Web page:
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The Surprising Truth About What’s Beautiful

She’s a Botticelli, and he’s smitten. A tale of preferences at my local gym

The woman was facing away from me when I first noticed her. She was short, probably six inches shorter than I am. At least my weight and then some.

Her body was all curves. She had on long green leggings which emphasized her bottom. She was small-breasted, her hair long and brown, cascading over her shoulders. She had a sweet face. She looked like someone out of a Peter Paul Rubens painting. When she moved, she did so with the kind of grace that was reminiscent of sheer summer curtains billowing in a late afternoon breeze.

The entire time she was in the gym I didn’t see her pick up a single weight.

Her gym companion is a regular. He’s got biceps like basketballs, his body hard and sculpted. I see him every afternoon. Every gym has a few guys like this: he’s huge. The girls are all giving him sideways glances.

The general assumption is that guys like this one want stick-thin fitness models. Perfect bodies. Just like theirs.

That couldn’t be further from the truth.

He was obviously seriously, hopelessly smitten with this girl. A girl whom many in the gym world would ridicule as fat.

She was, to my eye, lovely. Clearly to his, too. The way they interacted, the way he looked at her. It was beyond charming. Just….delightful.

Delightful, if for no other reason than the two of them fundamentally disprove the widespread bullshit that you and I have to be thin, perfect, muscled (name your characteristic) to be loved.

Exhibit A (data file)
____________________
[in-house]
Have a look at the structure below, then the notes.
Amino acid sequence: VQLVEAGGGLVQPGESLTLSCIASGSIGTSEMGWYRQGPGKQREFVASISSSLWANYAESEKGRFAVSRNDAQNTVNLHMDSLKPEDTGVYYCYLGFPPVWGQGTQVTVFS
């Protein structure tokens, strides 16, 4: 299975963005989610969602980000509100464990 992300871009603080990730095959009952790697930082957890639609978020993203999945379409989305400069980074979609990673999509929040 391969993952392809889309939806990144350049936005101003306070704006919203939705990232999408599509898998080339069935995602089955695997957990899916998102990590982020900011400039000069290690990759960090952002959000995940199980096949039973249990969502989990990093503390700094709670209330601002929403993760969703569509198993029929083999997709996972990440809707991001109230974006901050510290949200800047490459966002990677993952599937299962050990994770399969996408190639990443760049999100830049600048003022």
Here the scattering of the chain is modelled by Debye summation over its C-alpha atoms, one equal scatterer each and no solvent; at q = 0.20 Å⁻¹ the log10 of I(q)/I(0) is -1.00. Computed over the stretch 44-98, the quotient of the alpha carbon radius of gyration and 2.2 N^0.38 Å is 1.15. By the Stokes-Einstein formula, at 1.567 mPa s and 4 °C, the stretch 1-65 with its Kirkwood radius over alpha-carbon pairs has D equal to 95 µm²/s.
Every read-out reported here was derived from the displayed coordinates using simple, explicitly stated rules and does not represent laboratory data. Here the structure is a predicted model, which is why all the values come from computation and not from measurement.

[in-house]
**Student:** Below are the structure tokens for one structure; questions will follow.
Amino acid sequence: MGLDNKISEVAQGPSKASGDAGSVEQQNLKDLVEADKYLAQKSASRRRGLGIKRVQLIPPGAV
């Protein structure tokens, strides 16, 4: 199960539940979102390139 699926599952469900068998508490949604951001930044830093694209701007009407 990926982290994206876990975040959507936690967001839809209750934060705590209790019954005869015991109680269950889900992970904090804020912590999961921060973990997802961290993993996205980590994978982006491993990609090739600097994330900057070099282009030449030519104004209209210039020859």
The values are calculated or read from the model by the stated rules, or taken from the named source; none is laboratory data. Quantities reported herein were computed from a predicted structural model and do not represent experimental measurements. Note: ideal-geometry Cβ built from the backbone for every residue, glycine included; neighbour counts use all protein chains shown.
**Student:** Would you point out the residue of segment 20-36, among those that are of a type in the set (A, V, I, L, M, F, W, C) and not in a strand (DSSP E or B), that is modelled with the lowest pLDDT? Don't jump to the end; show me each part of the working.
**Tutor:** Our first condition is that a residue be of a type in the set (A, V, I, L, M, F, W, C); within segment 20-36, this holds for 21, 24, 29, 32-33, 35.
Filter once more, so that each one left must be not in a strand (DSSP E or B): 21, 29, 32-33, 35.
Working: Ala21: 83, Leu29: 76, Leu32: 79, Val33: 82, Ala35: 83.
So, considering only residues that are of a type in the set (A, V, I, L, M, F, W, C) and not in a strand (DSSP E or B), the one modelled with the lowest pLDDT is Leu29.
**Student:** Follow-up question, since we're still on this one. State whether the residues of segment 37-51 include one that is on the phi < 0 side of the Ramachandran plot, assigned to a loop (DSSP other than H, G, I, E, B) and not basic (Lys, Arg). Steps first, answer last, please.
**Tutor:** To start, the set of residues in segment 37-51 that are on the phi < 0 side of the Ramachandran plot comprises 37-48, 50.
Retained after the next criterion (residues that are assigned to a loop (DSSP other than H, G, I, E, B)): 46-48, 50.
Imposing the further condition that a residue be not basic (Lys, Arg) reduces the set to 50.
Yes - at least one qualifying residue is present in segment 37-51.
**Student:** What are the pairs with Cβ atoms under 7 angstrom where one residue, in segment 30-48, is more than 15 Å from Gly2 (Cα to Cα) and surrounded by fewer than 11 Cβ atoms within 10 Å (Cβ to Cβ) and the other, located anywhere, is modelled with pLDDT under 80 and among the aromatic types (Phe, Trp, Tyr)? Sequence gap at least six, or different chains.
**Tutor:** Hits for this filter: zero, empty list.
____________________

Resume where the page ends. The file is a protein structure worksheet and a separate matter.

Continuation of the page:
This guy was tush-over-teakettle. He couldn’t take his eyes off her. I have never seen him smile so much. He was teetering dangerously close to the cliff-edge of goofy.

Seriously step-on-your-tongue goofy.

He apparently loves soft. Pillowy. He likes sinking into the sweetness of a woman’s full body, her curves. It’s welcoming.

Not an anorexic body where the bones jut out so sharply they can splice your spleen.

Since I’ve been both soft and pillowy, and I’ve had that anorexic’s body, I can relate. I can attest that for all the years I was anorexic, near death and obsessing over a single lettuce leaf, not a single man wanted anything to do with me. Yet that attention was what I wanted, what I starved myself for day and night.

Pushing for impossible perfection pushes good people away.

The ongoing battle to be perfect rages on. These days it’s exacerbated by body-shamers at the gym. I find this particularly hateful because it’s already hard enough for folks to get out the door, much less show up where people who are already hard-bodied make fun of them.

The other day I got tagged in a story by Medium peep Ricky Thomas Gordon. One quote left me laughing so hard I nearly fell off my chair. This is what got me:

I tried going to a Gold’s Gym once but was embarrassed and intimidated by giant guys pumping ridiculously heavy weights and yelling at one another to do more. I distinctly remember walking in, seeing what was happening and pretending I was looking for a friend. I looked around and actually said out loud, “Well, I don’t see Larry,” and walked out — never to return.

That’s funny. My handy man was here at the time and we guffawed to the point of tears. Both at how wonderfully inventive this was (my mind doesn’t work that fast) and at the aching, wicked truth of it: how easily we are intimidated and terrified by what we perceive about others, and what we imagine they think of us.